Touching the Sky

I just reviewed my latest book for Bethany House Publishers. If you recall, I reviewed the book Chasing the Sun by Tracie Peterson several months ago. (In fact, I think it might have been my first review ever!) Suffice it to say, I was a little underwhelmed by it.  It seemed to me that she was trying too hard to fit the historical details into the context of a fictional novel, and it seemed not to mesh.

Well, I was really torn when the next round of historical fiction review choices came out. I saw that the second book in Peterson’s series, the Land of the Lone Star series, was one of the choices. I didn’t really want to risk getting another book that seemed choppy, but I’m a sucker for a series. (So far it seems that the books are actually stand-alone titles, but do mention characters from the other books, so I’m guessing it’s helpful to have read them in order.)

I just HAD to know what happened next.

So I picked Touching the Sky, the second book in the series by Peterson.

Laura is the main character- Laura Marquardt. She is the daughter of a wealthy, Union Supporter father, in Texas, in the days and weeks just following the “resolution” of the Civil War. Times are still uneasy, and their family is not being so well-received for supporting a united country, yet residing in the South.

Brandon Reid is a Union soldier, stationed in the same area where Laura’s family lives. He runs into Laura in an alleyway one day, and finds her rather rude and insubordinate.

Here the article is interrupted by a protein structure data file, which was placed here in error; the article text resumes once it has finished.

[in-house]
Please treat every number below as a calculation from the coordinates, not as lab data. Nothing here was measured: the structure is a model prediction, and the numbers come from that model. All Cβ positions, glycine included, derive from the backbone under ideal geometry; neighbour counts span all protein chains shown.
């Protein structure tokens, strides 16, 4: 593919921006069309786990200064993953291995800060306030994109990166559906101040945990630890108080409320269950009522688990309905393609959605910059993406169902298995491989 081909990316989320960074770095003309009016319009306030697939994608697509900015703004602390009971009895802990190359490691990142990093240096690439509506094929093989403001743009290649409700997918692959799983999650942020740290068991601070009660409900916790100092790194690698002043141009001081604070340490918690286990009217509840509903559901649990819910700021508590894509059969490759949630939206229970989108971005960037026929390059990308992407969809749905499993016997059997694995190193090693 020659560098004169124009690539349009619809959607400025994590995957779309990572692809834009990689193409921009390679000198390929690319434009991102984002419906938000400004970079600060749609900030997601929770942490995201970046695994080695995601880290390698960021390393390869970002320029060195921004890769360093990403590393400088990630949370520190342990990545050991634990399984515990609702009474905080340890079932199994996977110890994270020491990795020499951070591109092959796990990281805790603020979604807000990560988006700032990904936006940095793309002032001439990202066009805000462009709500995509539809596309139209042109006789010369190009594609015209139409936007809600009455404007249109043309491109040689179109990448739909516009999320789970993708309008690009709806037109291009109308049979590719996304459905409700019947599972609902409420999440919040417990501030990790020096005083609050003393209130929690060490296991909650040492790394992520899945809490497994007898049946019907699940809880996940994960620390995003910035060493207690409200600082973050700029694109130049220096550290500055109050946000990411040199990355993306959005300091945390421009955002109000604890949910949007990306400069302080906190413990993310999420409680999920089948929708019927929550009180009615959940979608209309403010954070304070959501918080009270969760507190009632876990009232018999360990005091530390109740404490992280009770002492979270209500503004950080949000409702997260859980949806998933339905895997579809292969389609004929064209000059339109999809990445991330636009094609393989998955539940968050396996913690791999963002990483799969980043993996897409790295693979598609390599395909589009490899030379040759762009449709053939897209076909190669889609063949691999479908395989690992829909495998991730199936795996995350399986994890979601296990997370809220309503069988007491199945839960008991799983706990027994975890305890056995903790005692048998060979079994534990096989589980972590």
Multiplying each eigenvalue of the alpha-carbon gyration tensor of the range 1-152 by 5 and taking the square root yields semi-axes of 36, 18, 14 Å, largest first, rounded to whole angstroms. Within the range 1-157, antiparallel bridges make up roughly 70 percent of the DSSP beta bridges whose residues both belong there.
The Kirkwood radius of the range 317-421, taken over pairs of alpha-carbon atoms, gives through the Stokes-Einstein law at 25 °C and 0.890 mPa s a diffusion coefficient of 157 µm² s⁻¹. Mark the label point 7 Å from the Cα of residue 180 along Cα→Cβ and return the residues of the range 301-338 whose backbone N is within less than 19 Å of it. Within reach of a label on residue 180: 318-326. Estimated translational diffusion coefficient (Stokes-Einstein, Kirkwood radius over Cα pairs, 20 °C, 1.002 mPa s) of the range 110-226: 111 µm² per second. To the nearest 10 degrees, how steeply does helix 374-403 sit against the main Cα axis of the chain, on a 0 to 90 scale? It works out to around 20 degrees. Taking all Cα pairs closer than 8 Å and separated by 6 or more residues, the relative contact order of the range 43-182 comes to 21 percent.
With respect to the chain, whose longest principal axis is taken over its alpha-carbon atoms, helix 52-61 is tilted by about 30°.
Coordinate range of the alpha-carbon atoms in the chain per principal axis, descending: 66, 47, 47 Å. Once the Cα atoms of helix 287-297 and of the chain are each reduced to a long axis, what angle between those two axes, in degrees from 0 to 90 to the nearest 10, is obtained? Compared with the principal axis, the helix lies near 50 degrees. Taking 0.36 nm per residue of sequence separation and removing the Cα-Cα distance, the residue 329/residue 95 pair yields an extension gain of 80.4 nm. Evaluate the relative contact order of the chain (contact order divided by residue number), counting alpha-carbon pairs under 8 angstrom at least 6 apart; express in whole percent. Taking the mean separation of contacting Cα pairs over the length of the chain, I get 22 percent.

Brandon is asked to do some intel work for the Army, spying on a Malcolm Lowe, who is suspected of heinous crimes in the past, and of planning a terrible attack in the future. Unfortunately, Malcolm is engaged to Laura’s sister, Carissa.

While working, Brandon finds himself more and more drawn to this sassy southerner, Laura. However, Laura fears he has only played her to get closer to his suspect.

None of it may matter, if they don’t find a way to uncover Malcolm’s threat to kill.

I would call this book a redemption of sorts, in my opinion, for Tracie Petersen. The historical aspects, that made the book believable, were much better integrated this time. The characters were spunky, flirty, and very individual- a much more realistic (and enjoyable to read) approach to what can sometimes be portrayed as a “staunch” era in time (with proper ladies and boring gentlemen.)

Peterson had me feeling for slaves and aristocrats alike. I very much enjoyed this novel.

Read it sometime. Let me know what you think!

(Psst- Just wanted to make sure you remember that I do get to keep this fab book as a perk for reviewing- but I am not forced to share any certain opinion of it- the opinions are all mine.)


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